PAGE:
Abbotsford campus, D3002
Phone: 604-504-7441 ext. 4490email Melissa
After teaching English at the high school level for four years, I began going to graduate school, first at a summer master’s degree program (The Bread Loaf School of English), and then at the University of Washington and the University of Wisconsin. I spent a fellowship year in England, at the University of Warwick, researching and writing my dissertation, and graduated from the University of Wisconsin with a Ph. D. in English (Renaissance Literature) in 2004. Before coming to UFV, I taught at Arizona State University, the University of Oregon, and Campion College at the University of Regina.
PhD (University of Wisconsin)
M.A., Bread Loaf School of English (Middlebury College)
B.A. (Stanford University)
When students and faculty make connections between the literature and language we are studying and our experiences, perspectives, and knowledge, we not only learn something but we also help to create new knowledge, in the classroom and in the world.
Shakespeare, Renaissance/early modern drama, Renaissance/early modern poetry and prose fiction, European literature of the Renaissance in translation and early modern culture in a transnational perspective, writing and literature in English, and interdisciplinary first year teaching. I am interested in learning more about indigenous worldviews and indigenous approaches to teaching, story, and language.
My research focuses on Renaissance drama and prose fiction. I am interested in cultural exchange and translation in literature, and in how literary and dramatic form engages with cultural issues. I’m especially interested in how English prose writers and dramatists (especially Shakespeare) used the formal strategies, plots, and imagery of French and Italian short stories (called novellas), such as the stories in Boccaccio’s Decameron and the Heptameron of Marguerite de Navarre. These stories got my attention because they are witty and funny, and also because they are often about how apparently disempowered characters can actually get what they want and win out. Shakespeare drew on the clever female characters in these stories when he was creating his comic heroines.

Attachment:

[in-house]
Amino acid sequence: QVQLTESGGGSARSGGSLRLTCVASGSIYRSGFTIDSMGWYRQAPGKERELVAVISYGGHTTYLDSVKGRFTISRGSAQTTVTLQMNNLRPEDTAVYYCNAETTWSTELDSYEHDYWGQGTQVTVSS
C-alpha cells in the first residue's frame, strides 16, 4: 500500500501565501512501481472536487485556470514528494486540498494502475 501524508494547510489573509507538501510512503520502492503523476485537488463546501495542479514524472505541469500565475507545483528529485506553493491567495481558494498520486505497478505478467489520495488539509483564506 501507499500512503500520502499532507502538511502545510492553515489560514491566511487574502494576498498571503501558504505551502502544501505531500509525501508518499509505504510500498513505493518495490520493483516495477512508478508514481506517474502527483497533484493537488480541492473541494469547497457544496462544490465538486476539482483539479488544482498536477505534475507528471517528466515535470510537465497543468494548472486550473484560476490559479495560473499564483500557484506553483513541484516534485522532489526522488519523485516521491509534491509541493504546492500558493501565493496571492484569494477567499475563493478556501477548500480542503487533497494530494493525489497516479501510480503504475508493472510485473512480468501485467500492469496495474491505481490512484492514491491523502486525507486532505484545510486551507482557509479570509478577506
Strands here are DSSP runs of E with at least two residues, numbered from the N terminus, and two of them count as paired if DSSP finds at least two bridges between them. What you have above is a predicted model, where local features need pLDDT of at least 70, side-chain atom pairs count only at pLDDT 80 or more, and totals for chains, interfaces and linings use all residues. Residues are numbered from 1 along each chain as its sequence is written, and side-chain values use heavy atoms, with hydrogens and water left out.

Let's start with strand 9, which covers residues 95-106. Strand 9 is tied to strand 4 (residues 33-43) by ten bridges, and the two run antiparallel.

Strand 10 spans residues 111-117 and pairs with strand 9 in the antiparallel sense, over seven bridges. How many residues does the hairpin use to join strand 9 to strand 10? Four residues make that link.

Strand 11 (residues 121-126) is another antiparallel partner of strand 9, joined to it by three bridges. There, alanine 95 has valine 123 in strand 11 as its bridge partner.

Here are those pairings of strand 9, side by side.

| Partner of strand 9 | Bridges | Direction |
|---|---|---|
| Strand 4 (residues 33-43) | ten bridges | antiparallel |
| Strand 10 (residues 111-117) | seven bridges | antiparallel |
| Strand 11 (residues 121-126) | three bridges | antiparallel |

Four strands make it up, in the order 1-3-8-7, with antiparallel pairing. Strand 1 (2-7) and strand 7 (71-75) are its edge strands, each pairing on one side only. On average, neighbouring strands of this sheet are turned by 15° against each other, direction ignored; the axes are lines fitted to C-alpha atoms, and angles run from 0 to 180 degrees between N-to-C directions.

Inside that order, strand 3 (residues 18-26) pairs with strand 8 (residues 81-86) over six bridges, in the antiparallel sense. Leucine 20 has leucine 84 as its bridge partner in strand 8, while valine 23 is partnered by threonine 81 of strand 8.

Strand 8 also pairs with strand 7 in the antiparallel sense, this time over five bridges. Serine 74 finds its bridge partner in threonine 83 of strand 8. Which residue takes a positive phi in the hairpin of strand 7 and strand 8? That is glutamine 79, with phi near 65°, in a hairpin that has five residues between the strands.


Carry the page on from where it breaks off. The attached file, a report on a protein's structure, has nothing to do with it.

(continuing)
I am a member of Theater Without Borders, a research collaborative studying early modern theatre and drama in a comparative and transnational perspective.
“’Are you a Comedian?’: The Trunk in Twelfth Night and the Intertheatrical Construction of Character.” Transnational Mobilities in Early Modern Theater. Robert Henke and Eric Nicholson, eds. Farnham, UK: Ashgate, 2014.
"Translation and identity in the Dialogues in the English and Malaiane Languages." Indographies. Jonathan G Harris, ed. UK: Palgrave, 2012.
"Secret Interiors." The Duchess of Malfi. Christina Luckyj, ed. UK: Continuum, 2011. With Curtis Perry.
"Drinking from Skulls and the Politics of Incorporation in Early Stuart Drama." At the Table: Metaphorical and Material Cultures of Food in Medieval and Early Modern Europe. Juliann Vitullo and Timothy Tomasik, eds. Arizona Studies in the Middle Ages and the Renaissance 18. Turnhout, Belgium: Brepols, 2007. 93-105